Some wait until Christmas Eve to get ready for the next day, but not Indiana Christmas tree growers.
From late March through early May, these choose-and-cut and wholesale growers are busy planting your real Christmas trees for the 2016 season.
To produce a 7-foot real Christmas tree, it takes about seven years in the field. The trees usually spend the first two or three years of their life in a tree nursery. They are "lifted" early in the spring as the ground thaws. All of the dirt is removed from the roots of the 10-to-18 inch tall seedlings. The seedlings are sorted and neatly bundled for shipment to farms.
There are about 200 Christmas tree farms located throughout Indiana. These farms will plant well over a quarter of a million seedlings this year. About 200,000 real trees are sold in Indiana each year -- up 7 percent from just a few years ago. Thus, growers routinely plant more new trees than the market demands. Not all seedlings survive the first year and some of those that do survive, do not develop into trees acceptable to the consumer.
Depending on the number of seedlings to be planted, two methods are usually used -- manual planting or mechanical planters. With manual planting, operators use a special heavy-duty tool called a dibble or KBC bar. The dibble is like a spade but a lot stronger. The dibble, using foot pressure, is inserted into the soil up to 18 inches and a "V" shaped hole made by pulling the handle back and forth. The seedling is inserted into the hole to the same depth it was planted in the nursery and with the roots straight down.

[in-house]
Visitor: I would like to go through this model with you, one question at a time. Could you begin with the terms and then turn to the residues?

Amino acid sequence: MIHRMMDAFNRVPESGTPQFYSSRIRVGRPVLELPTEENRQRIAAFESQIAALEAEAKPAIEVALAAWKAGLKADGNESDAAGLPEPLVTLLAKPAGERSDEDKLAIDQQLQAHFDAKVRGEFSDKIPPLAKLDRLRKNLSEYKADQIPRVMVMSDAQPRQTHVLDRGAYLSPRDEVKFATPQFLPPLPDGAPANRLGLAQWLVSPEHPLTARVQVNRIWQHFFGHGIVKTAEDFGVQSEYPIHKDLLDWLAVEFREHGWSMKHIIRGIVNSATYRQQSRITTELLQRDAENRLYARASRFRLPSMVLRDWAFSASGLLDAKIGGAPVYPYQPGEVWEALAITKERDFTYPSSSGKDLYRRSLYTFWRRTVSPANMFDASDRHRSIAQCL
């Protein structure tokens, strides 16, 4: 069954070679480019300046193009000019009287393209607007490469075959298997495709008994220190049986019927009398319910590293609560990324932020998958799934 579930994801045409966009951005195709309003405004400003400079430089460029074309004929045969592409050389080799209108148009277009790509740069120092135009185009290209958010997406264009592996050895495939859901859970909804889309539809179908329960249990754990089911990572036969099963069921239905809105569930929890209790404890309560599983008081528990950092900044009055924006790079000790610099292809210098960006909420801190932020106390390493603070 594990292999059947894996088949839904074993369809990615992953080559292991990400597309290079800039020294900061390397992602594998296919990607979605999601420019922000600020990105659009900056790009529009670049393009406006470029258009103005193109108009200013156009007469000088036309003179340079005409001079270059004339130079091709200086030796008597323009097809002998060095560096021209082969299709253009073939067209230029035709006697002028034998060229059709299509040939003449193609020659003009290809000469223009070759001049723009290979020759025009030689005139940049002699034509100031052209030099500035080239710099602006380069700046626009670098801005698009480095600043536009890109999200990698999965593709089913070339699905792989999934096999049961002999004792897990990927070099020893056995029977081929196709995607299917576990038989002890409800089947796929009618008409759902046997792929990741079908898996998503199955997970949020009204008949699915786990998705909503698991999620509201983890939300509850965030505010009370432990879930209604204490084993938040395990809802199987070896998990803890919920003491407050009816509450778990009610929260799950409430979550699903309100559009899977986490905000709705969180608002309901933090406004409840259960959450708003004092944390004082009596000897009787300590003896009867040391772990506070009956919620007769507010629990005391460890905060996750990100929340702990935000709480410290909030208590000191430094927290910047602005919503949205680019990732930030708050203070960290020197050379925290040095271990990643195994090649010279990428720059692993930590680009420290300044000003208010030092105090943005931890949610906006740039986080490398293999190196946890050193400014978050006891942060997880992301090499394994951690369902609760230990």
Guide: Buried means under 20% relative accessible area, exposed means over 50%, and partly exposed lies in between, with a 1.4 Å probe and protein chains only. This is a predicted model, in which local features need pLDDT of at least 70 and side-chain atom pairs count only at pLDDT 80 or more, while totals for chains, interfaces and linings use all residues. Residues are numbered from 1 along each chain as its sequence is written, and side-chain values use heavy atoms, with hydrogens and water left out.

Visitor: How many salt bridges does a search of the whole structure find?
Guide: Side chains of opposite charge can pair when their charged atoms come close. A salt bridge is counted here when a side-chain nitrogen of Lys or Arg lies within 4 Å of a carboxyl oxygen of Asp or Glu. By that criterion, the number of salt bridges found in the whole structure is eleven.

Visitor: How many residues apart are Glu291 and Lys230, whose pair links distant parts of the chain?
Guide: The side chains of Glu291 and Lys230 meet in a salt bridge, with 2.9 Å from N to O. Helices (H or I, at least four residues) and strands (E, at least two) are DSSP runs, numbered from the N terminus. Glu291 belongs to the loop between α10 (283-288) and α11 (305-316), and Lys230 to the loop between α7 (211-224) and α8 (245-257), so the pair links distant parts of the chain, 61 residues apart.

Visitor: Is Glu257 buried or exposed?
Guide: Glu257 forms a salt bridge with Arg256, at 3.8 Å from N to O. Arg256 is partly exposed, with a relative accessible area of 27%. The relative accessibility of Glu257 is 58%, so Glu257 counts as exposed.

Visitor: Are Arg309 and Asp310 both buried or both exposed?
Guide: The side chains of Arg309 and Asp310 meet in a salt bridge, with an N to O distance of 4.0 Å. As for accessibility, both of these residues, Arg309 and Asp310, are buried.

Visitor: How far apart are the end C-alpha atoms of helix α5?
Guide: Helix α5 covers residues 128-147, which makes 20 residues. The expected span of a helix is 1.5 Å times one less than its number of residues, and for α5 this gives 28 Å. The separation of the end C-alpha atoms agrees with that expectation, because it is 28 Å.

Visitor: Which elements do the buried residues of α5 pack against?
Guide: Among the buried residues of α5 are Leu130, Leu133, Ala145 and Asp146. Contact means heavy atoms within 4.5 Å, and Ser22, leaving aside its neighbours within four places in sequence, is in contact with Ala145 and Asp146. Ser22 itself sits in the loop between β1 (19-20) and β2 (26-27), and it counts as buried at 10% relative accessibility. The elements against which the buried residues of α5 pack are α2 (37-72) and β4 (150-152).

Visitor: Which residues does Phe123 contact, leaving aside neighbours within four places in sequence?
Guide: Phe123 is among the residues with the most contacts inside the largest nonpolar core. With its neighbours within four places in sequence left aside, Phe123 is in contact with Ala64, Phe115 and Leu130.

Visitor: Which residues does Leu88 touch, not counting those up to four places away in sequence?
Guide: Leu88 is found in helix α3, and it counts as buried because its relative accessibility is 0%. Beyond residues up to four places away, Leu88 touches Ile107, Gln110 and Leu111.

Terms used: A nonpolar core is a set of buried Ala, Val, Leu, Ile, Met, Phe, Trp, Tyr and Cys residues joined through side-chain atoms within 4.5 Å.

If the roots become "J" rooted or turned up, the tree will die in a year or two. The ends of the roots are sometimes pruned to prevent "J" rooting. After the seedling is properly inserted into the hole, the dibble is reinserted into the soil about two or three inches behind the seedling. The dibble is pulled back and forth to ensure the hole is closed top and bottom and no air pockets remain around the seedling roots. If air pockets are left around the roods, the seedling may die.
A soil auger is one mechanical method that can be used. The auger prepares holes to accommodate seedlings often with large root systems. If more than a few hundred seedlings are to be planted, mechanical planters are normally used. These planters are pulled by a tractor and use a coulter and shoe, much like a corn planter, to open a trench. A person rides on the planter and inserts the seedlings into the trench at the proper spacing and depth. Soil is then mechanically raked into the trench and wheels pack it tightly around the seedling's roots.
After planting, weeds and grass in the plantation must be controlled by the use of herbicides or mowing. As the seedlings grow each year, they must also be shaped. By 2016, the perfect real Indiana fresh Christmas tree will be waiting.
For more information about Christmas trees or to locate a tree farm, visit the Indiana Christmas Tree Growers' website at www.indianachristmastree.com.